Second to diet....this is the subject that seems to raise the most questions. I will attempt to address all the questions and concerns that have been presented to me over the past 11 years.
Size: How big/old do they need to be in order to mate?
They seem to start mating at a small size. Males start at 4". From my experience these small males are not mature enough to be fertile. I have heard that females 4.5" can lay viable eggs. This seems to be the exception rather than the rule.
It appears that size is more of an issue than age. Most people that are having success with breeding have females that are over 6" and males over 5".
Here are some pictures to help: Male/Female pictures
The males have long tails that are kept tucked to the side (its long enough to reach over the leg). The tail has a "hook" on the end.
Females have much shorter tails...usually carried straight back.
Probably the most important aspect of breeding ( after being sure you have males and females that are the right size) is making sure the tortoises are well fed and healthy.
While success can be achieved with one female and one male, its much easier on the female if there are 2 or more females in the breeding colony. A good ratio is 1 male to 3 females.
While some feel hibernation is an absolute necessity, many are very successful in breeding these torts and producing fertile eggs without hibernation. For the first 5 years mine had viable clutches without hibernation and I haven't seen a change in the number of clutches or viability of eggs since I started hibernating my torts.
If the diet is good and the animals are old enough,
mating will occur. Most mating takes place the first
few weeks after they come out of hibernation. Males initiate
mating by circling the female and bobbing its head. He will
often bite the front legs of the female at times pulling off
(see the following pictures )
The females rarely seem interested and do their best to escape. When the male mounts the female he assumes an open mouth posture and squeals.
If the female was fertilized, within a month she will be ready to lay eggs. Some females will have multiple clutches. And (at least with mine) some won't lay eggs until the fall.
A suitable nesting area needs to be provided whether they are inside or outside. Outside a sloping, well drained sunny spot ideally with plants or rocks for her to hold onto while digging. My females like to nest at the base of a small pussy willow. Inside, you will need to provide a nesting box. A 6" deep Tupperware container filled with 50% sand/ 50% Bed-A-Beast works or garden loam works well. Provide a ramp of flat rocks .
When the female is ready to lay eggs, she will usually become very restless...pacing the perimeter of the pen (and constantly digging if kept indoors). She may stop eating for a few days to a week. Many will dig "test" nest or two.
Frequently indoors they will lay eggs in the open no matter how nice the nest box is.
As a rule the female is very particular about nest site selection. However once the eggs are laid she will take no further interest in her offspring.
They will lay 1-5 rather large eggs. Mine typically lay 2-3 eggs. The eggs weigh 16-30 g . For sequential pictures of egg development click here.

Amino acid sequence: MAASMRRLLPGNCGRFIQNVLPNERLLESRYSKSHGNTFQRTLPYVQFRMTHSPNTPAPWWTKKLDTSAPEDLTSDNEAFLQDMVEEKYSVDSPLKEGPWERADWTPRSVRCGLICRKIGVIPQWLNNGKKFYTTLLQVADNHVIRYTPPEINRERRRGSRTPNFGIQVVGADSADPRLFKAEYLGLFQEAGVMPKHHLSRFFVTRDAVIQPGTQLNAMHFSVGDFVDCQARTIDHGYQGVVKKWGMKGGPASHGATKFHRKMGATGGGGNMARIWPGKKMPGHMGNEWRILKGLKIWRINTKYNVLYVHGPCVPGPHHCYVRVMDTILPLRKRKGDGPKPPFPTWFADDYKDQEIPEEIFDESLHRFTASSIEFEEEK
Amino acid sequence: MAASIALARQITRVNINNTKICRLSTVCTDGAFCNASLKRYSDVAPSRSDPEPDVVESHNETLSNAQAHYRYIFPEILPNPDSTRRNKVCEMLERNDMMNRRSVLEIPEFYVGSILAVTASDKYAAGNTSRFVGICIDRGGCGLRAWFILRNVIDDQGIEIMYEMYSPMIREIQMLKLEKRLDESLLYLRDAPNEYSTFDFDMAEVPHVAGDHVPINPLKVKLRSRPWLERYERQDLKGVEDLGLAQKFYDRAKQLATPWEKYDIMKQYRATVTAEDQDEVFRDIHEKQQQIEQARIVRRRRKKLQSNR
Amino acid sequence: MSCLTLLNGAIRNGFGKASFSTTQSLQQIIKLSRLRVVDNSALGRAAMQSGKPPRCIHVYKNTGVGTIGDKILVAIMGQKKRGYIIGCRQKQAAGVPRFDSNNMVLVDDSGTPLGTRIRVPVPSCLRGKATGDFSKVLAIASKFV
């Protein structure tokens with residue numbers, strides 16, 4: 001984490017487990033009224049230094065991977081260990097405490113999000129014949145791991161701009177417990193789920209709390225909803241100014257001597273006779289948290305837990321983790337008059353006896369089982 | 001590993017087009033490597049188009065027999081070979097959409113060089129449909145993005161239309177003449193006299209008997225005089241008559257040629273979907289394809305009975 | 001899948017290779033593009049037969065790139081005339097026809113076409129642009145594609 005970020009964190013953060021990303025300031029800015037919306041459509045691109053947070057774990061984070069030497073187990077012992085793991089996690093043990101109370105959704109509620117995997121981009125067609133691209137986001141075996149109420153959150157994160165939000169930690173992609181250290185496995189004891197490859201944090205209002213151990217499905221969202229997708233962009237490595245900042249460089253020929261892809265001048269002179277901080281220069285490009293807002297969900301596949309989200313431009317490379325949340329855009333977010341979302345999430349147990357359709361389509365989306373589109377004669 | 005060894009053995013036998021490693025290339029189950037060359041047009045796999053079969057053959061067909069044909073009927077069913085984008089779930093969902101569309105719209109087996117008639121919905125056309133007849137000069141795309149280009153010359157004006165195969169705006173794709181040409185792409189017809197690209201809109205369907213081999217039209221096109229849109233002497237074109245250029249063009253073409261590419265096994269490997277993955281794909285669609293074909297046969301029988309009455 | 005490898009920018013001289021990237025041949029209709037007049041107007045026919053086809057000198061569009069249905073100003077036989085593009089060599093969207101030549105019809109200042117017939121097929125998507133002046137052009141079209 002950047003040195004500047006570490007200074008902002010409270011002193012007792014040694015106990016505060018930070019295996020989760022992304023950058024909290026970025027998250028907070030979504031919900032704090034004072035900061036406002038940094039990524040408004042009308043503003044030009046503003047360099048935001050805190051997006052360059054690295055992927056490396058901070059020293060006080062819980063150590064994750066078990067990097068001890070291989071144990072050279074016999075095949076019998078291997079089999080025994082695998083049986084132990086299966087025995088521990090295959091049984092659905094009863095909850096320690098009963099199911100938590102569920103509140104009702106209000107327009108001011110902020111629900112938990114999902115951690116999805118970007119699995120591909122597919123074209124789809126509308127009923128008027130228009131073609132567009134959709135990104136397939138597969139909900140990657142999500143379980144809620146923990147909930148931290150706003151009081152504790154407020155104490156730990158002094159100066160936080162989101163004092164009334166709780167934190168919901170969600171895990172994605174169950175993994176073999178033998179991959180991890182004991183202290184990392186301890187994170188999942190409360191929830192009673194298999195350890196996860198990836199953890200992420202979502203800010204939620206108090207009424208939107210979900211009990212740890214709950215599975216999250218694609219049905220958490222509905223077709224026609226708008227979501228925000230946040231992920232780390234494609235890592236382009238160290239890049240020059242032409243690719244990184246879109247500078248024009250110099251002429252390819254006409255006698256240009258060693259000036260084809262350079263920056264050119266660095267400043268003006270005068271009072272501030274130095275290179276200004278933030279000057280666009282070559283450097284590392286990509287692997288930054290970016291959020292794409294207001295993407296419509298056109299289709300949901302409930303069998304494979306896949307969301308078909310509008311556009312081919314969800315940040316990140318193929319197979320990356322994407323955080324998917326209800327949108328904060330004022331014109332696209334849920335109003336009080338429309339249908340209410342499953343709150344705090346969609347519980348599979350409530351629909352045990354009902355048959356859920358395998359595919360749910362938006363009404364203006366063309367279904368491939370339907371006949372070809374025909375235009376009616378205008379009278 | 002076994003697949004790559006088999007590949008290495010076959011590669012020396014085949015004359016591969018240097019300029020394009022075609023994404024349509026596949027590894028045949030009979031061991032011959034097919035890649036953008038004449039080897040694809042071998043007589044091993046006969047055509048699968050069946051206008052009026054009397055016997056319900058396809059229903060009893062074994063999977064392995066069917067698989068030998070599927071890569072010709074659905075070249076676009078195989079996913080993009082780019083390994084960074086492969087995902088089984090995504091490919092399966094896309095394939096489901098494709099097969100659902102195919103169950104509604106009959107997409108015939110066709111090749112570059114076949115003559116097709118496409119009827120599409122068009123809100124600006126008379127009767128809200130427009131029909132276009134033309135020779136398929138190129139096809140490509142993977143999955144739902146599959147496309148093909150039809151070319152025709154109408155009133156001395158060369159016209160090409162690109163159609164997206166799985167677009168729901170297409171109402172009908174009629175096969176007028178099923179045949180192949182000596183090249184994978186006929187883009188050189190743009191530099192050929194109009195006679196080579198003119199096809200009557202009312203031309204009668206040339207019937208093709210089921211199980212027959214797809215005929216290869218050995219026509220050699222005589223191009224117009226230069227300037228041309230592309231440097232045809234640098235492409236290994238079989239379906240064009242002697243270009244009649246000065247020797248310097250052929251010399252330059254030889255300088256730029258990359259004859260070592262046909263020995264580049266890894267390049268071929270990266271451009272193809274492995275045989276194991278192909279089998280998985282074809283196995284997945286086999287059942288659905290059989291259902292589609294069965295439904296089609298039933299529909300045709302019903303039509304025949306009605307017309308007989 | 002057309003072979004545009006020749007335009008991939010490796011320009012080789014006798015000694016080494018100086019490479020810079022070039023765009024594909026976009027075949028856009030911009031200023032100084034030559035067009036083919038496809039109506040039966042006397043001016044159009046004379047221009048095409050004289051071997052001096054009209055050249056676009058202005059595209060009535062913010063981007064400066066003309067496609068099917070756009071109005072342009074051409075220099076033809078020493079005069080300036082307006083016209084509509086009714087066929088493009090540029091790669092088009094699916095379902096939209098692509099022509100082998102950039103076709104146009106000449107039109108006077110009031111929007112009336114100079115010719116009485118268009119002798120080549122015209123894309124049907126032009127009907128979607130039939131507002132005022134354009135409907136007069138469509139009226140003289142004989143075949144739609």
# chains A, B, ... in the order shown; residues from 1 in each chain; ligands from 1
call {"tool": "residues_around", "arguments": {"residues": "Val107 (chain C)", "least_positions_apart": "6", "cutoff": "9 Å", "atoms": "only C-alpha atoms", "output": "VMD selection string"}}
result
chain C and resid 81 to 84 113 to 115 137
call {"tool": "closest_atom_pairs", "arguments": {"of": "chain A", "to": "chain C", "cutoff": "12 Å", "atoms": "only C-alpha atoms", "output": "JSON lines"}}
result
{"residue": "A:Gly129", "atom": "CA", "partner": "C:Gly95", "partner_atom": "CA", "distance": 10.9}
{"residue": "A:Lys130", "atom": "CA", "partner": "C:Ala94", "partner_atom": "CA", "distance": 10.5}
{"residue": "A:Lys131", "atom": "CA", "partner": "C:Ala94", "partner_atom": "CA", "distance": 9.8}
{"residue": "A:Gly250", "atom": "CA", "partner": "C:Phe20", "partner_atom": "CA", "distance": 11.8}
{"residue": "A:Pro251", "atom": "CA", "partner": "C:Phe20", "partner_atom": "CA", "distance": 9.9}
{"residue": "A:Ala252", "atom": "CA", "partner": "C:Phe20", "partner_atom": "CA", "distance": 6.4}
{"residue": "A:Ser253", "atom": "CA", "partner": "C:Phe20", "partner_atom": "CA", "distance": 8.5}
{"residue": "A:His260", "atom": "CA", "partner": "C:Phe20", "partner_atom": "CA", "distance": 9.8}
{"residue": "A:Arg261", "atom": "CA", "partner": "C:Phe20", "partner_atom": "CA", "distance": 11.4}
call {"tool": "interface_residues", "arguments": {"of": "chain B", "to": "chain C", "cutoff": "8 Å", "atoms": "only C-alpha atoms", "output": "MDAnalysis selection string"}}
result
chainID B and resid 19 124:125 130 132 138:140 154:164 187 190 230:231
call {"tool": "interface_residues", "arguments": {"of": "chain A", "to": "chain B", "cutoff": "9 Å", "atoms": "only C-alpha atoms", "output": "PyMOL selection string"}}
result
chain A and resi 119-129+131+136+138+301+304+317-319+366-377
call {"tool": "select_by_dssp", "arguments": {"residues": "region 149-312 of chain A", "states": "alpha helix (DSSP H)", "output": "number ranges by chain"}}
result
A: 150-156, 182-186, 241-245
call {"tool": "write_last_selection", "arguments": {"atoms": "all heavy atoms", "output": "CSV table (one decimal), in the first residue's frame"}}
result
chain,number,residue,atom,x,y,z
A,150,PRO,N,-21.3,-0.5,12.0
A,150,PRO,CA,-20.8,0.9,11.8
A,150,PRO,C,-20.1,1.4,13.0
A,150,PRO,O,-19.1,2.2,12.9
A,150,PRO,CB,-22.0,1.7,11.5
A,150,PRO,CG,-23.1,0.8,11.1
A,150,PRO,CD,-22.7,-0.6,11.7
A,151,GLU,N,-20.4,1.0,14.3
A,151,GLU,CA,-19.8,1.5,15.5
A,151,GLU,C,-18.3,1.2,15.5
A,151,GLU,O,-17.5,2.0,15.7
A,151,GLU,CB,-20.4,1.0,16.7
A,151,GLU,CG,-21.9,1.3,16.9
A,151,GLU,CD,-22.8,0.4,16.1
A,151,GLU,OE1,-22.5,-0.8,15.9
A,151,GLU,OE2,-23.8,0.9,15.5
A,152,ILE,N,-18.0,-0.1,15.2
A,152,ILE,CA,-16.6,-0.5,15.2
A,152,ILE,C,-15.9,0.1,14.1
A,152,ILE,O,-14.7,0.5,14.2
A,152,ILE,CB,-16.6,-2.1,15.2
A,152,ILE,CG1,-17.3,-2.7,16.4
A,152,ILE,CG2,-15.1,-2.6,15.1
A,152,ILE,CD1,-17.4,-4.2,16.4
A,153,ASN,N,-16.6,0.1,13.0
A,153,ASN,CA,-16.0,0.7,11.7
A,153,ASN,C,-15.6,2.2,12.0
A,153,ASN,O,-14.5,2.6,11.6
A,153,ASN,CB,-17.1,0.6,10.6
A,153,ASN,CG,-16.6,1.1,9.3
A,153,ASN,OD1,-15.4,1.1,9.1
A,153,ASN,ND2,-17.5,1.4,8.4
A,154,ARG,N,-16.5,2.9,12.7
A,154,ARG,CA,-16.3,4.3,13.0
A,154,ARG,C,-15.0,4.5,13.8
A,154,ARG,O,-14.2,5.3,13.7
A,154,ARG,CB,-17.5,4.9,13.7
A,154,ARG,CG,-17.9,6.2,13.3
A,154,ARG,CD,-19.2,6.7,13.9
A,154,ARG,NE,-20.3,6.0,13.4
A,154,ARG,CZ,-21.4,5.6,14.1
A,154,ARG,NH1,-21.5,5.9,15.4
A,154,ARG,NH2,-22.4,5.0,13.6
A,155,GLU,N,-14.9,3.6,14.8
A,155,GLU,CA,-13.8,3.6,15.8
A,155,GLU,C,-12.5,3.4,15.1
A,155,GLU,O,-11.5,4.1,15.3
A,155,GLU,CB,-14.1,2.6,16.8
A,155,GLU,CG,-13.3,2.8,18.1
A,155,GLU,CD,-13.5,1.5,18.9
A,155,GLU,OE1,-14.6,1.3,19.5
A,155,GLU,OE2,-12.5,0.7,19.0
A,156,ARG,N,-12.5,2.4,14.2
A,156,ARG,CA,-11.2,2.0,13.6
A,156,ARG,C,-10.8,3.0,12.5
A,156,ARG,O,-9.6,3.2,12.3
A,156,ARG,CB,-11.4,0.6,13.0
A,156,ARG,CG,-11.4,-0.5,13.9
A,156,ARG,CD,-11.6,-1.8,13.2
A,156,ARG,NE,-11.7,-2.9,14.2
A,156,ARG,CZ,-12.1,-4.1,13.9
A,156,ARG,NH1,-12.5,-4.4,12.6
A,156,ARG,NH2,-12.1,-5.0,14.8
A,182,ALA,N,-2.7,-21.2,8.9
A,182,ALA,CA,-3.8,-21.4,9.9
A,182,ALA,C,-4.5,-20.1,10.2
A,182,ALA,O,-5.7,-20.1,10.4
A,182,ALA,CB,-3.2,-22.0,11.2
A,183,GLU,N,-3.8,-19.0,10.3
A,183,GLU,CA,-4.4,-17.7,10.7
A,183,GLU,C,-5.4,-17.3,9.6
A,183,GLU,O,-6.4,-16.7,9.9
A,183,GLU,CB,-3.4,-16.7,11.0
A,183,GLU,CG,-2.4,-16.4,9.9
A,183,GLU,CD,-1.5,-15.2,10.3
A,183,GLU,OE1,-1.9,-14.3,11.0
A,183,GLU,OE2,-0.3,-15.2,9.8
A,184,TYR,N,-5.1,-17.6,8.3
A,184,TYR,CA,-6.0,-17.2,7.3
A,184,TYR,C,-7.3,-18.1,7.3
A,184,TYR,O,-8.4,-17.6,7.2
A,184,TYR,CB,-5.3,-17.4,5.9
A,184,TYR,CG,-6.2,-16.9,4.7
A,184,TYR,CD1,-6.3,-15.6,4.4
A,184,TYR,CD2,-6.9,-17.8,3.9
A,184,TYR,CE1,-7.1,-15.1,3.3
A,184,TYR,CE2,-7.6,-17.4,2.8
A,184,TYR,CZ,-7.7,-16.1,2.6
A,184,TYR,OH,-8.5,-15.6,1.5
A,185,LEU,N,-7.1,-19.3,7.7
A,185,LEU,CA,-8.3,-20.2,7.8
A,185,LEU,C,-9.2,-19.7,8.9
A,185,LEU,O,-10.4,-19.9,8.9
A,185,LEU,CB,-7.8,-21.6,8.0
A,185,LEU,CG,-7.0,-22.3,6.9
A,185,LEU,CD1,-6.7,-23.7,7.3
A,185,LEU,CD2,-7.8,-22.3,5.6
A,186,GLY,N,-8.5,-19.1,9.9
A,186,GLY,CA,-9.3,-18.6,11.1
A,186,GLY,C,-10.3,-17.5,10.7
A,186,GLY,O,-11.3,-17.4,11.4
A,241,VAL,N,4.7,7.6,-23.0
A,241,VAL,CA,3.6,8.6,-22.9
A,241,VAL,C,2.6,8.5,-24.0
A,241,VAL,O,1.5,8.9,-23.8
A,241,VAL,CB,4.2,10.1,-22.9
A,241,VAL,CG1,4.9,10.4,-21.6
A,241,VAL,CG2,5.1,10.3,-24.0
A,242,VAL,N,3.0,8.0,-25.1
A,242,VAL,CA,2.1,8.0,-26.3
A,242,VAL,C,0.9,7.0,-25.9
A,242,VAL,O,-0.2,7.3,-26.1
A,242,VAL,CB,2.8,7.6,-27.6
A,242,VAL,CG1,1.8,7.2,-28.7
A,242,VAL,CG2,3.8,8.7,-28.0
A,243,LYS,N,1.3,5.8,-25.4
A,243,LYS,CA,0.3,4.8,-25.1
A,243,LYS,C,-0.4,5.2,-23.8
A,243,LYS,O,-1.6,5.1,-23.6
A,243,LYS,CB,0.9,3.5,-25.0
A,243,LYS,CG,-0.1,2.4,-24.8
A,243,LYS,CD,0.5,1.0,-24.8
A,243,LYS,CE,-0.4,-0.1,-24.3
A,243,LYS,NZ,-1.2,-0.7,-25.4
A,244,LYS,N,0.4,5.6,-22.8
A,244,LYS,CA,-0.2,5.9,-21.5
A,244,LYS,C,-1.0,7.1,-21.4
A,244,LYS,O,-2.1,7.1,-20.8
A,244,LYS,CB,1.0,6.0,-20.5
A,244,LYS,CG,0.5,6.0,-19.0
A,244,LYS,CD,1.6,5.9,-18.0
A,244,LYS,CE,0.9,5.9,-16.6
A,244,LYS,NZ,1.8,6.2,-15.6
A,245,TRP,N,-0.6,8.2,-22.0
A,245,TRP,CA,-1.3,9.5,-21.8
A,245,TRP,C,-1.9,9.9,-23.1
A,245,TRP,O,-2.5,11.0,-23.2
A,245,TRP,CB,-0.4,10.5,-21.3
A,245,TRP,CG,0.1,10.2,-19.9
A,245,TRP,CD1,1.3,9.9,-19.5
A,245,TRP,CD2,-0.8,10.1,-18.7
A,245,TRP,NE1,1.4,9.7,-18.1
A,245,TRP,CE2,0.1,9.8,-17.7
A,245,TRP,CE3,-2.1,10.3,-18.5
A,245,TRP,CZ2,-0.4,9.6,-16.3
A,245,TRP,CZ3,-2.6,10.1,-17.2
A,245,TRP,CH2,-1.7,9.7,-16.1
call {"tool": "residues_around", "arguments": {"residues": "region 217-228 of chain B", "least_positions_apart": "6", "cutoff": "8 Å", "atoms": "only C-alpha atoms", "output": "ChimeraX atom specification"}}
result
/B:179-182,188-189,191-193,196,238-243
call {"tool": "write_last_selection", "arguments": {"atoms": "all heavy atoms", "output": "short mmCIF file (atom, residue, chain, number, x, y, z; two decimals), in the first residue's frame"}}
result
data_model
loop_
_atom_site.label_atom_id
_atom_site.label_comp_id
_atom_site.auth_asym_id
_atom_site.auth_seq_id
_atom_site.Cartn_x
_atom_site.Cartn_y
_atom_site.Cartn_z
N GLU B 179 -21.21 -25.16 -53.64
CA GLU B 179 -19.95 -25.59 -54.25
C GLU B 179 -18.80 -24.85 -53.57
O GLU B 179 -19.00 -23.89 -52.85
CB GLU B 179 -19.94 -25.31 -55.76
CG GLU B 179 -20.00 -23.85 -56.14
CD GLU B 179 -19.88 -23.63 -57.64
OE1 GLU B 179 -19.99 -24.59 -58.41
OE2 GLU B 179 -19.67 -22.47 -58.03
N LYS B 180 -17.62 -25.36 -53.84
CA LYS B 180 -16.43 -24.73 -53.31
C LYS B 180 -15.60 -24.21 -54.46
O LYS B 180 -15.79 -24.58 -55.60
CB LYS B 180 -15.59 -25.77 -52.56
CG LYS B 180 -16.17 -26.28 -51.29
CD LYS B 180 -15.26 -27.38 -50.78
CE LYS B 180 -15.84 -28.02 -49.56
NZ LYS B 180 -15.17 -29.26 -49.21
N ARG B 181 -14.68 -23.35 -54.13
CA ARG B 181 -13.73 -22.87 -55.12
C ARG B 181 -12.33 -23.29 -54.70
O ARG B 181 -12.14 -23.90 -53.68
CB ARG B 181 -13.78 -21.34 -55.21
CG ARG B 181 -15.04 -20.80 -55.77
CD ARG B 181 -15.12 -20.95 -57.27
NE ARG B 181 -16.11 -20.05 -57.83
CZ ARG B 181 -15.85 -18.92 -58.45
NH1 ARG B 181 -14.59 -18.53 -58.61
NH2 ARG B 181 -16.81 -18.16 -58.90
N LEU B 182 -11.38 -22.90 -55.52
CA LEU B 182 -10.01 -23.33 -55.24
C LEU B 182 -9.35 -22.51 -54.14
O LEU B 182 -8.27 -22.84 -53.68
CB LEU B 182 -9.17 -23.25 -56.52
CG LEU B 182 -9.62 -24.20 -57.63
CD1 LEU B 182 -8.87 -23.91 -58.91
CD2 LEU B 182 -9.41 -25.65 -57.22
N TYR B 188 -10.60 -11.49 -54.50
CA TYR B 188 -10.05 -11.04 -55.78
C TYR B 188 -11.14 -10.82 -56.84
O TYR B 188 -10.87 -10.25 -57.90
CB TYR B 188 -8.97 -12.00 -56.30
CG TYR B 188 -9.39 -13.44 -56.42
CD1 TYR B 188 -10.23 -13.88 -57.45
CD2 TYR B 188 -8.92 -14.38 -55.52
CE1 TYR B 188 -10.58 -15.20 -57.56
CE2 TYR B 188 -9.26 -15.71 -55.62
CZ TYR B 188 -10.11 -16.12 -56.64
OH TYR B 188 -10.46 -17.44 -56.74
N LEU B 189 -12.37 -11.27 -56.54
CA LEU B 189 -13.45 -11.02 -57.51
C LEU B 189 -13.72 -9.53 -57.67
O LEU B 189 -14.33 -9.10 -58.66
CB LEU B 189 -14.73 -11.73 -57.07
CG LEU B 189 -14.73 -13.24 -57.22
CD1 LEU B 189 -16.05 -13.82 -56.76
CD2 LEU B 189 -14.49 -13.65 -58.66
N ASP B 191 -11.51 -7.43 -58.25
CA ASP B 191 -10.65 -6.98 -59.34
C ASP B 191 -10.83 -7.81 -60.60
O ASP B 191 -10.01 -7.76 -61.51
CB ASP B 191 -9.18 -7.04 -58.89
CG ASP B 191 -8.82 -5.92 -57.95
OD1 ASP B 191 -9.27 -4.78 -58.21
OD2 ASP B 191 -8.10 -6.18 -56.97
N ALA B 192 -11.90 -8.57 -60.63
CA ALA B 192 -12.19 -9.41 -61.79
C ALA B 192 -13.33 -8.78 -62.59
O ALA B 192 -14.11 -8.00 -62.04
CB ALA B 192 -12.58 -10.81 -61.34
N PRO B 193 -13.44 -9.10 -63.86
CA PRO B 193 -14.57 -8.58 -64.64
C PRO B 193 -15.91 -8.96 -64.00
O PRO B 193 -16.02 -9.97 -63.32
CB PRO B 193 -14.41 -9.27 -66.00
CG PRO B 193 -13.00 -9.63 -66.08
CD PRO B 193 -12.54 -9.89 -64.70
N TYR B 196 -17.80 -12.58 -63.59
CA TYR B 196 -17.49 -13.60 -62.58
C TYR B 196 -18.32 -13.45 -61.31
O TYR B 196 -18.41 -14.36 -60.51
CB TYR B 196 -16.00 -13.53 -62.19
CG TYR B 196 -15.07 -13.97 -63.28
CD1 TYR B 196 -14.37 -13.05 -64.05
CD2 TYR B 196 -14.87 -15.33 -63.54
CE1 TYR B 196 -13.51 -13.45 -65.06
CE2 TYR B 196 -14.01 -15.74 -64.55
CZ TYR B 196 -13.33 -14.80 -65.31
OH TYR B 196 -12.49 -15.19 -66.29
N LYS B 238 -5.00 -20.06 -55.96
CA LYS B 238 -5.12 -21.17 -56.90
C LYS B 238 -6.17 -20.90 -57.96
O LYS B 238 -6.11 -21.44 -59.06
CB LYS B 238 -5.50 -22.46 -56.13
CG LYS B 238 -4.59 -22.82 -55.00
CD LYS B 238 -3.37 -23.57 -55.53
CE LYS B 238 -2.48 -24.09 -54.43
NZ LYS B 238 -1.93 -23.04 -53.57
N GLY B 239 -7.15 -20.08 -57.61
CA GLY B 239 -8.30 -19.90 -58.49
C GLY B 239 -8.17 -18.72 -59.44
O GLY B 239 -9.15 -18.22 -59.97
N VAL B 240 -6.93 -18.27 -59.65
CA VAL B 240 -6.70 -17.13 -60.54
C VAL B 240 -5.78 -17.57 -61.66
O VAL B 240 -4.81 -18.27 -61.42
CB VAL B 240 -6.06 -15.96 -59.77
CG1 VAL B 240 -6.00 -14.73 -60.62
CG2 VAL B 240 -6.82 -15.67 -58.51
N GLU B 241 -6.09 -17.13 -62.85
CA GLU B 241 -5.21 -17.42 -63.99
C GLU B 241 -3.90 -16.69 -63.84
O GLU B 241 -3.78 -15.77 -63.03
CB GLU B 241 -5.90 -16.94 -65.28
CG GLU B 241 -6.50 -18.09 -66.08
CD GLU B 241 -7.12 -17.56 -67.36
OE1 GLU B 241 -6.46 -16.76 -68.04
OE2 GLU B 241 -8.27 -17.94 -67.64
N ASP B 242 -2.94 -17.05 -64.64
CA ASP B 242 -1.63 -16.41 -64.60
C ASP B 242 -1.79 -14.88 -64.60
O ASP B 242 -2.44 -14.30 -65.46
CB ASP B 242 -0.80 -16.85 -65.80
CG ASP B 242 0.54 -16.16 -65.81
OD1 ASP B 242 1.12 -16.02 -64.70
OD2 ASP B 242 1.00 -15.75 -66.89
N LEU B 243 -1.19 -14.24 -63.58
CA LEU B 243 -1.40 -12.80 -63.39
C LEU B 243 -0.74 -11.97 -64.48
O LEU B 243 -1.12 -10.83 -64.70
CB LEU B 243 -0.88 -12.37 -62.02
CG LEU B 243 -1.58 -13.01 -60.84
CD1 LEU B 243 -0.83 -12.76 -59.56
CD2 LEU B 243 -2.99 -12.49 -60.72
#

I like to have an incubator set up prior to egg laying. I use the Hovabator. Its fairly cheap and keeps a constant temperature. An accurate digital max/min thermometer is a must. It can take a few days to get the temperature right. Most recommend the temperature to be set between 29°C (84.2°F) and 35°C (95°F). I have personally found that temps over 32.22°C (90°F) results in less hatchings. I prefer 31.67°C (89°F). Sex determination is temperature dependent, with lower temps producing males and higher temps producing females. At 31.67°C (89°F) I get females. If the temps are too high shell deformities (such as extra scutes) will occur. In the past I have set the temperature to 30°C (86°F) and got a mix of males and females without deformities.
Before digging up the eggs, set up a Tupperware container big enough to hold the eggs( you can see some examples below). Fill it half way with moist vermiculite (available at garden centers). To moisten the vermiculite , mix with an equal amount of water by weight.
Once the eggs are laid, carefully dig them up being sure not to rotate or flip them. I use a soft lead pencil to mark the date and weight on the top of the egg. Bury it half way in the vermiculite and cover with a damp piece of paper towel or some strands of damp sphagnum moss. Put the lid on loosely. In the incubator I put a few open containers of water. This helps keep the temps stable and helps with humidity. If all goes well they should hatch in 8-12 weeks.
Between 2-4 weeks blood vessels may be visible when candling. Candling is shining a bright light through the egg. Its best done in a dark room. Be careful not to turn the egg. Click here to see how to candle eggs.
It can take up to 2 days for a hatchling to break out of an egg. They are oriented "sideways " in the egg and appear "folded" when they hatch. Many have visible yolk sacks and should be kept in the incubator until the yolk sack absorbs.
It can take 2 weeks or longer before they start eating. During this time they are living of the yolk reserves. I keep them in small Rubbermaid containers until they are actively feeding. If the weather permits I bring them outside during the day. I use 55 gallon Rubbermaid containers that are planted with weeds. The top is securely covered with hardware cloth and 1/2 is shaded.
©2000 Joe Heinen DC
Eggs and hatchling pictures of egg laying can be found here